CRM SaaS vendors moving to mobile
Mobile CRM technology -- long hailed as the solution to keeping mmobile sales and field service staff connected and armed with up-to-date information, only to see disappointing returns -- is now grabbing the attention of Software as a Service (SaaS) vendors.
Last week, San Francisco-based Salesforce.com released new mobile functionality based on its acquisition of Sendia, a one-time partner and mobile application developer. That follows last month's release of eMobile from Entellium, a Seattle-based startup that is taking on established SaaS CRM vendors such as Salesforce.com and NetSuite. Entellium's release features a sliding menu that allows users to navigate the system with just a thumb -- similar to Apple's popular iPod.
SaaS (or on-demand) CRM, generally praised for its intuitive user interfaces and widespread user adoption, would seem to have an advantage when it comes to winning over a mobile salesforce that can be fickle when it comes to welcoming new technology.
"Yes and no," said Sheryl Kingstone, senior program manager with the Boston-based Yankee Group. "Primarily because Salesforce acquired Sendia, they have a leg-up in embedding into a mobile architecture."
Simplicity does matter in mobile CRM, she added. Because Entellium is relatively new, "they can start fresh instead of how the traditional CRM vendors just shoved their CRM onto the device to see if it works."
First Rate Financial, a Bellevue, Wa.-based mortgage lender, looked at both Entellium and Salesforce.com when it went shopping for a new CRM system five months ago. The company selected Entellium for its 24-hour support, price and adaptability, according to Mike Colagrossi, president and CEO. First Rate Financial also adapted Entellium to fit its 10-step sales process, which is similar to a traditional loan process.
Now, the mortgage company is leveraging the deployment on eMobile, connecting its mortgage sales team while they're on the road at open houses, CPA and real estate offices.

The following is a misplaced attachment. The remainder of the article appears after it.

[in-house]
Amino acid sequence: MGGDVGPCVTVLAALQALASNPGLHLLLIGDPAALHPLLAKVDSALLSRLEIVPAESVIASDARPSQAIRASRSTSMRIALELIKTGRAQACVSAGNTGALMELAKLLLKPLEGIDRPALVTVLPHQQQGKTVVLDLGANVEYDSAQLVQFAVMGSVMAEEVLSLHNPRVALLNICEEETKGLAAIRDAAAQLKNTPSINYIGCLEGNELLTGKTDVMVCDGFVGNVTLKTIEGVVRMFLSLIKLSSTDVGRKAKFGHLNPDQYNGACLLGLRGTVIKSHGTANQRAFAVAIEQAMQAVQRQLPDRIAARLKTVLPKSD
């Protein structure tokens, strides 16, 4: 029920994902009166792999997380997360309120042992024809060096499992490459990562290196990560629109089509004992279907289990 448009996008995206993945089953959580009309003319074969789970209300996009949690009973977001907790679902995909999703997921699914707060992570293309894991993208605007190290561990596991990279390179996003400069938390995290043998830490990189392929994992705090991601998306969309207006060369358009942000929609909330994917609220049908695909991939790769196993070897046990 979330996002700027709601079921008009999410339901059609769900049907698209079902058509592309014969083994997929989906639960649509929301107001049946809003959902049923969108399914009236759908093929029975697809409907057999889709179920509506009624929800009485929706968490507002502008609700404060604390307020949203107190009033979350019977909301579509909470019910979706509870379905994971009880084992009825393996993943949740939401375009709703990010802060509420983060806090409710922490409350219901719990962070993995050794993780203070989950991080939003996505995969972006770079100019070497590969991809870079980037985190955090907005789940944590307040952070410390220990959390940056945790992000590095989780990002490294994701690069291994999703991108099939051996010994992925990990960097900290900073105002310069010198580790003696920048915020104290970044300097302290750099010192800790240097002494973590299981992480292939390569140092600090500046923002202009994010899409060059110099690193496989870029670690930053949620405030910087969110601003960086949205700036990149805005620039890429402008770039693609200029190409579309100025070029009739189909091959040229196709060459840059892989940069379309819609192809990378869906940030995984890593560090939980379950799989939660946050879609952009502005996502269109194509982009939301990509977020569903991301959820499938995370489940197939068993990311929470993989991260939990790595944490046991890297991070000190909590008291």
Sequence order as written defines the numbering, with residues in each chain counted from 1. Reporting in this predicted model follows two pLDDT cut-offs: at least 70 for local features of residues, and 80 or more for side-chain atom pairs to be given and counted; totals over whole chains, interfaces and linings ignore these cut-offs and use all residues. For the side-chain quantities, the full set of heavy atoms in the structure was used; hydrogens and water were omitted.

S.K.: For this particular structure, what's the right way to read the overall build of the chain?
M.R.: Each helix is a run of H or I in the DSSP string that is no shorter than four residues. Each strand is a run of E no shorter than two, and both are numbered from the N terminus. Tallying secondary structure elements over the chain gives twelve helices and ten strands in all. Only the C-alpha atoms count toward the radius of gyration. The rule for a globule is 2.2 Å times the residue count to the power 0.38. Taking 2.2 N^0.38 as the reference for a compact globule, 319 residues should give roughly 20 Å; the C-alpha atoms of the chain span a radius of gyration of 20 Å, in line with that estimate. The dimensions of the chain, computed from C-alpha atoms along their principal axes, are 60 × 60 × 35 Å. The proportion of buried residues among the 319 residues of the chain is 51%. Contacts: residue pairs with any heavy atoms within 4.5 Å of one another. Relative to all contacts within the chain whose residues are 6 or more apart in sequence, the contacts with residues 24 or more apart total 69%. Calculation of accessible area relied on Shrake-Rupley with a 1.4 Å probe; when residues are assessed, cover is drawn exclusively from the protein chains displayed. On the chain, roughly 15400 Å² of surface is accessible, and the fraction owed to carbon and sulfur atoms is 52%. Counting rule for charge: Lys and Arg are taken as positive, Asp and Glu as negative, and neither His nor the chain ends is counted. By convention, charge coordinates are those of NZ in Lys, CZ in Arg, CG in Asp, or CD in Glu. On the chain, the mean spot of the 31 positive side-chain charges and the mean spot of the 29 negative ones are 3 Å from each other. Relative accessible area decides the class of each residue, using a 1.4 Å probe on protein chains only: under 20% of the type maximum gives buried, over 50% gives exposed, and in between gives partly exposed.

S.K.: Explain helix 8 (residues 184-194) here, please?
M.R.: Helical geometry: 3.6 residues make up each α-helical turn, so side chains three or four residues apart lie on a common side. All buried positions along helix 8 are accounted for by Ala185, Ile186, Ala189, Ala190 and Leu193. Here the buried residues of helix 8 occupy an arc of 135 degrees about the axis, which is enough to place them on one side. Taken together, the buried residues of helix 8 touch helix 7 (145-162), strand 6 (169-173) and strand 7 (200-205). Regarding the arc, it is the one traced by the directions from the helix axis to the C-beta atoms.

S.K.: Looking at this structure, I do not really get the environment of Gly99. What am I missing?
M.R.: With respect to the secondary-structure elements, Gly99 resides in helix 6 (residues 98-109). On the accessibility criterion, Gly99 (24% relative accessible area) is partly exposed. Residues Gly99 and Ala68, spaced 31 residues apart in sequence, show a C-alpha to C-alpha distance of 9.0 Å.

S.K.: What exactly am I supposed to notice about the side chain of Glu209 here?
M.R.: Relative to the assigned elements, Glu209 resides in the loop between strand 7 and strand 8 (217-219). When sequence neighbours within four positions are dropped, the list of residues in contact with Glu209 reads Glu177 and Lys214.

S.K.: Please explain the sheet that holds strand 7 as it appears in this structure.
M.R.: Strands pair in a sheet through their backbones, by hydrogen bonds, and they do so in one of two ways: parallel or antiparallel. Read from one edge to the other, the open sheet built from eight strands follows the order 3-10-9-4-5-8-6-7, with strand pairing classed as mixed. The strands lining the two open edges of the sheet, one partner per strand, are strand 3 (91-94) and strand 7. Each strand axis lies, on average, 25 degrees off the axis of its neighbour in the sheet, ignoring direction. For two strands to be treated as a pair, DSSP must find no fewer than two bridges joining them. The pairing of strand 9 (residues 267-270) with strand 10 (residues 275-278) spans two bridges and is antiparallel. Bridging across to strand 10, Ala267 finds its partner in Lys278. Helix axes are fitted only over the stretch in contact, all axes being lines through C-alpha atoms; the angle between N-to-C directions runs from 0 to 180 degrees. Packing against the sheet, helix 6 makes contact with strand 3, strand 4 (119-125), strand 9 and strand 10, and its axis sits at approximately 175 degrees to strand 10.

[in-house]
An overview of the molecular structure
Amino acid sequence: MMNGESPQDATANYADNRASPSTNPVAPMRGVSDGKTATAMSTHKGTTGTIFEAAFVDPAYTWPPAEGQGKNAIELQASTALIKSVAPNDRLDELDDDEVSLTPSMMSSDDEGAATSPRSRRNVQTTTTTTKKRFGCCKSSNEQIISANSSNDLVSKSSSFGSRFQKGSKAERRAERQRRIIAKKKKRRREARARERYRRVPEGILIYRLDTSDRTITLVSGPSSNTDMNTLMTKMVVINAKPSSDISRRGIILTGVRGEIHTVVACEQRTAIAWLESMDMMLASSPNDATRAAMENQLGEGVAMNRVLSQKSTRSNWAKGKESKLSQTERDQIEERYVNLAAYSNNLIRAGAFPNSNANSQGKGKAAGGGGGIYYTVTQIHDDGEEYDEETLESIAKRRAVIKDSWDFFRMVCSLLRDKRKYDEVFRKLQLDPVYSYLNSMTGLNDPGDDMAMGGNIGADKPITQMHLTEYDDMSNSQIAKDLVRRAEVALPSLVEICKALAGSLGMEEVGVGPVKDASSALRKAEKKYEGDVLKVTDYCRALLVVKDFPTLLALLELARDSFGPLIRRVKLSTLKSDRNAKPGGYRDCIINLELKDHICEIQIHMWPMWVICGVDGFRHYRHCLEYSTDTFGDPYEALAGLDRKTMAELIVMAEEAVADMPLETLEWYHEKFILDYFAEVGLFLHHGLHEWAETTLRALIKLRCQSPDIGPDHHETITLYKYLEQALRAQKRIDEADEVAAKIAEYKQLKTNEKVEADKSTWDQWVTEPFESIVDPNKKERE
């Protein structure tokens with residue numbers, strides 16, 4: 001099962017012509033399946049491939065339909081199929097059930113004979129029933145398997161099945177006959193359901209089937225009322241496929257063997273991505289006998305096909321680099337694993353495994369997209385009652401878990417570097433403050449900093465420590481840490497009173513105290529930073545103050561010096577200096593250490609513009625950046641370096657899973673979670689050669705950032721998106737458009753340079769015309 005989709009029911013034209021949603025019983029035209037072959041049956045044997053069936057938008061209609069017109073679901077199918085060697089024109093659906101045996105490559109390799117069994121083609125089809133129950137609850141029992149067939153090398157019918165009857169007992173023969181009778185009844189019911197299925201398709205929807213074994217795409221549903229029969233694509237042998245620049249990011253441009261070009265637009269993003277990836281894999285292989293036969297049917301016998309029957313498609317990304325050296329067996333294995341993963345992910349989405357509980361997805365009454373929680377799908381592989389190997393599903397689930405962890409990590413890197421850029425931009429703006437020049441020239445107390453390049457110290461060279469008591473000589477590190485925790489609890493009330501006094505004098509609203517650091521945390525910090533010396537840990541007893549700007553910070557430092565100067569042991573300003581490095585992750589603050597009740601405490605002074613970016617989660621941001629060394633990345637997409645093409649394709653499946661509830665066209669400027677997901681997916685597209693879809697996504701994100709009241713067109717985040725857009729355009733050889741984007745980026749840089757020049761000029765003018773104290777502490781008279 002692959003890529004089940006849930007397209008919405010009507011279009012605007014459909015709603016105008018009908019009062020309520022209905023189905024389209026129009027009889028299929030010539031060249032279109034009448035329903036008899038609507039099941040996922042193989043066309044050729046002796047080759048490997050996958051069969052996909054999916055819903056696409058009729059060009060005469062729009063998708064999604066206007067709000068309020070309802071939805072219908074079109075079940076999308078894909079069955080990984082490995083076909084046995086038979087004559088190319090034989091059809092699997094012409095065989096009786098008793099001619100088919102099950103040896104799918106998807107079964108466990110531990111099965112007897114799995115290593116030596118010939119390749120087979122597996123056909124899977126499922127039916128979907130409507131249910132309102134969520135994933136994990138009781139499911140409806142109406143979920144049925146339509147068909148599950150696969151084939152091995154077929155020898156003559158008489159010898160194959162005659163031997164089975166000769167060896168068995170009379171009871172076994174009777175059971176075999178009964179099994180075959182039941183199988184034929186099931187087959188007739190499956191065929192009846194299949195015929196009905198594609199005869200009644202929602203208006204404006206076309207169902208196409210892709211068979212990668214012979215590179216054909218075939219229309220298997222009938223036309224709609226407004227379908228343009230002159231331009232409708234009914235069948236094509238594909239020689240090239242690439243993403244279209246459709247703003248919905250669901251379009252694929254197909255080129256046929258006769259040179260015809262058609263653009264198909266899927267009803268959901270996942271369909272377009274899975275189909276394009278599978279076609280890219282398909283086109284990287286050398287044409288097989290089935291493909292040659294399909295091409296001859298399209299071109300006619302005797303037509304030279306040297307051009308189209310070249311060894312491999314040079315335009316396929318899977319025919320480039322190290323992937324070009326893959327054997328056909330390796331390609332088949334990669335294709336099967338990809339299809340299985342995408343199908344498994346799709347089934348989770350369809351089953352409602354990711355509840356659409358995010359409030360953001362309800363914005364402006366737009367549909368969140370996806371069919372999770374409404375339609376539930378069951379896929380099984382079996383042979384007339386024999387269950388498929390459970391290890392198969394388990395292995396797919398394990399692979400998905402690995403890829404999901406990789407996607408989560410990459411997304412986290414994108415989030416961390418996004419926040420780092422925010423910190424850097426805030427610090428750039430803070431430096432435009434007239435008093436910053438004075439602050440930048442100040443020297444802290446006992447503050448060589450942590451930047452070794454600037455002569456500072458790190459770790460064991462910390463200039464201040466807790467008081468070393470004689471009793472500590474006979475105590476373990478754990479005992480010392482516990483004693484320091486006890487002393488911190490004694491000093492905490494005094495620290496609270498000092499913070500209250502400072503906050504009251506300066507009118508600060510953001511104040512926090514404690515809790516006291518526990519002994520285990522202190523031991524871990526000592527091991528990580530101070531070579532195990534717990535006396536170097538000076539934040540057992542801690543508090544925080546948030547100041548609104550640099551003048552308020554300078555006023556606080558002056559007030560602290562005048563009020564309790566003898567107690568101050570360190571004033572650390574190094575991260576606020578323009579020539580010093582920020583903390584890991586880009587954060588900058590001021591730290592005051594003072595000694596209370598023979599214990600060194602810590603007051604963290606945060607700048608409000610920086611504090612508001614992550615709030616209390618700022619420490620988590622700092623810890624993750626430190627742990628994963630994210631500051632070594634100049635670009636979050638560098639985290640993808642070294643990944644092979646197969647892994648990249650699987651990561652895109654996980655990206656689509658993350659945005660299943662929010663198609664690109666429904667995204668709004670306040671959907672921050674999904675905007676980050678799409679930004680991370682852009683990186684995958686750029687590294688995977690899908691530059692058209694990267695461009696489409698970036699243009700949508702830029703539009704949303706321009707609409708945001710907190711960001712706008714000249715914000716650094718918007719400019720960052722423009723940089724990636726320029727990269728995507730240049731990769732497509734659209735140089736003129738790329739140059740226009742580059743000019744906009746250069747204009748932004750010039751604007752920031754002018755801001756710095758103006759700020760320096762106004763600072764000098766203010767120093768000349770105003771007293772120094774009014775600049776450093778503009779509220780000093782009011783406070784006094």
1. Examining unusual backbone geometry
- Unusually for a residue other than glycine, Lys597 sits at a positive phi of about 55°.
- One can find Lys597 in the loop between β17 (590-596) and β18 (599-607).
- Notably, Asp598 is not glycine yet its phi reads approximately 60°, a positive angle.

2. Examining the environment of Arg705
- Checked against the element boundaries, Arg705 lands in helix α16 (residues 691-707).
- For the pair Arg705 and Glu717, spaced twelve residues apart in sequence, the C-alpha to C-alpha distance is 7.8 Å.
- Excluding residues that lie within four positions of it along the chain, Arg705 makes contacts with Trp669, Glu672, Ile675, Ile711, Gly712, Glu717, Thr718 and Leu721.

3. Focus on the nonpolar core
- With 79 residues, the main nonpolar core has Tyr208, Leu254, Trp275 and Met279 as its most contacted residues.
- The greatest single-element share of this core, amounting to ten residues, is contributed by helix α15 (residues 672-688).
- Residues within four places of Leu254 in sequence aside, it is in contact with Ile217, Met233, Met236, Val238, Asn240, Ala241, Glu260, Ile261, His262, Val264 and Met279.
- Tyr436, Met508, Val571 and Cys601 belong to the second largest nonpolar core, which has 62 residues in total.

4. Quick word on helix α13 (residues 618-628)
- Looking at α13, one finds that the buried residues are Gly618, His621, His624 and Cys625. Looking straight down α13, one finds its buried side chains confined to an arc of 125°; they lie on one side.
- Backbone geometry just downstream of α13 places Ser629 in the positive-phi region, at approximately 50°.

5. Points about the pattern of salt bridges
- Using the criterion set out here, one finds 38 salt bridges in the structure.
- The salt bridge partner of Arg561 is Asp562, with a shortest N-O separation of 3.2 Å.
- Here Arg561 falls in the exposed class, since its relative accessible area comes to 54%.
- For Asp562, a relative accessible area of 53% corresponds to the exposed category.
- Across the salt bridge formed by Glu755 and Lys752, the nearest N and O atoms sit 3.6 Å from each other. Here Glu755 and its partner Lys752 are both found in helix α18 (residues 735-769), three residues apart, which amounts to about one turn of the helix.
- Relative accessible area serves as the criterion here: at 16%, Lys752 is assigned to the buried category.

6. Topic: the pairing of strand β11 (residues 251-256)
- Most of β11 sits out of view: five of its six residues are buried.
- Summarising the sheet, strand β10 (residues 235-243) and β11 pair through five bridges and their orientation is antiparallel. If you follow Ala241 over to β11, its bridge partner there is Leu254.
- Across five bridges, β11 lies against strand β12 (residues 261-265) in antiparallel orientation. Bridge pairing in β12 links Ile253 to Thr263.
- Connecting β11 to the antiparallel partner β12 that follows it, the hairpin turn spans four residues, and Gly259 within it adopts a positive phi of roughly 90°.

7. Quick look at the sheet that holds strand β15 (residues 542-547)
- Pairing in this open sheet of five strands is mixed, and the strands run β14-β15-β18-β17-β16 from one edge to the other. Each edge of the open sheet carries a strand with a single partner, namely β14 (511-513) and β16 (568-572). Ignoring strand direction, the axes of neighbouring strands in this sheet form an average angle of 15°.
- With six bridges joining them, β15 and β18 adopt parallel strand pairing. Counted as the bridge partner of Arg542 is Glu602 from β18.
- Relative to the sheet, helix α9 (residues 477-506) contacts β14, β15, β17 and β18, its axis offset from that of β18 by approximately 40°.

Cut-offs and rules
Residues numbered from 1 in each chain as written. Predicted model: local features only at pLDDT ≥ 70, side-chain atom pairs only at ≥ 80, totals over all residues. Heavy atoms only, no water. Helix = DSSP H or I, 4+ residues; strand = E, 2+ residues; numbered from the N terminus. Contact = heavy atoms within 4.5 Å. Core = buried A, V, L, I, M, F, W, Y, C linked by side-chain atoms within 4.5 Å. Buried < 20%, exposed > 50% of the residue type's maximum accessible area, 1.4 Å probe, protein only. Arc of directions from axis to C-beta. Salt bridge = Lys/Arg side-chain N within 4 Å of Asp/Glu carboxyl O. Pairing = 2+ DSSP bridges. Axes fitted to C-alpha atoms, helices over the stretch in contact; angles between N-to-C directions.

"From a manager's perspective, I don't bring a laptop in the field. It's just very clunky," Colagrossi said. "When we looked at Entellium and Salesforce, we had ideas of price point, versatility, and customizability. When we launched the mobile application, it pulled from modifications we did."
According to research from the Yankee Group, users of mobile CRM are warming to hosted applications. In a recent survey, more than 40% of mobile CRM users said they were interested in having a service provider manage their applications, while more than 70% said they were somewhat interested.
However, companies such as Antenna Software Inc., a Jersey City, N.J.-based mobile technology platform provider that focuses on sales and service, can offer a bit more.
"If a customer has Siebel and SAP and lots of databases they want to expose, that's where Antenna has the advantage," Kingstone said. "Most of the time, unless users just want accounts and contacts, they want to get into extra databases. If you just want account management and call logging, that's where Salesforce and Entellium have the advantage."
Yankee Group recommends that companies considering mobile deployments let business process frameworks that enable best practices drive the project; that the tools span multiple systems; and that firms make the deployment part of an overall application roadmap, such as CRM, SFA or service implementation, considering business cost, form factor and connectivity.
This article originally appeared on SearchCRM.com.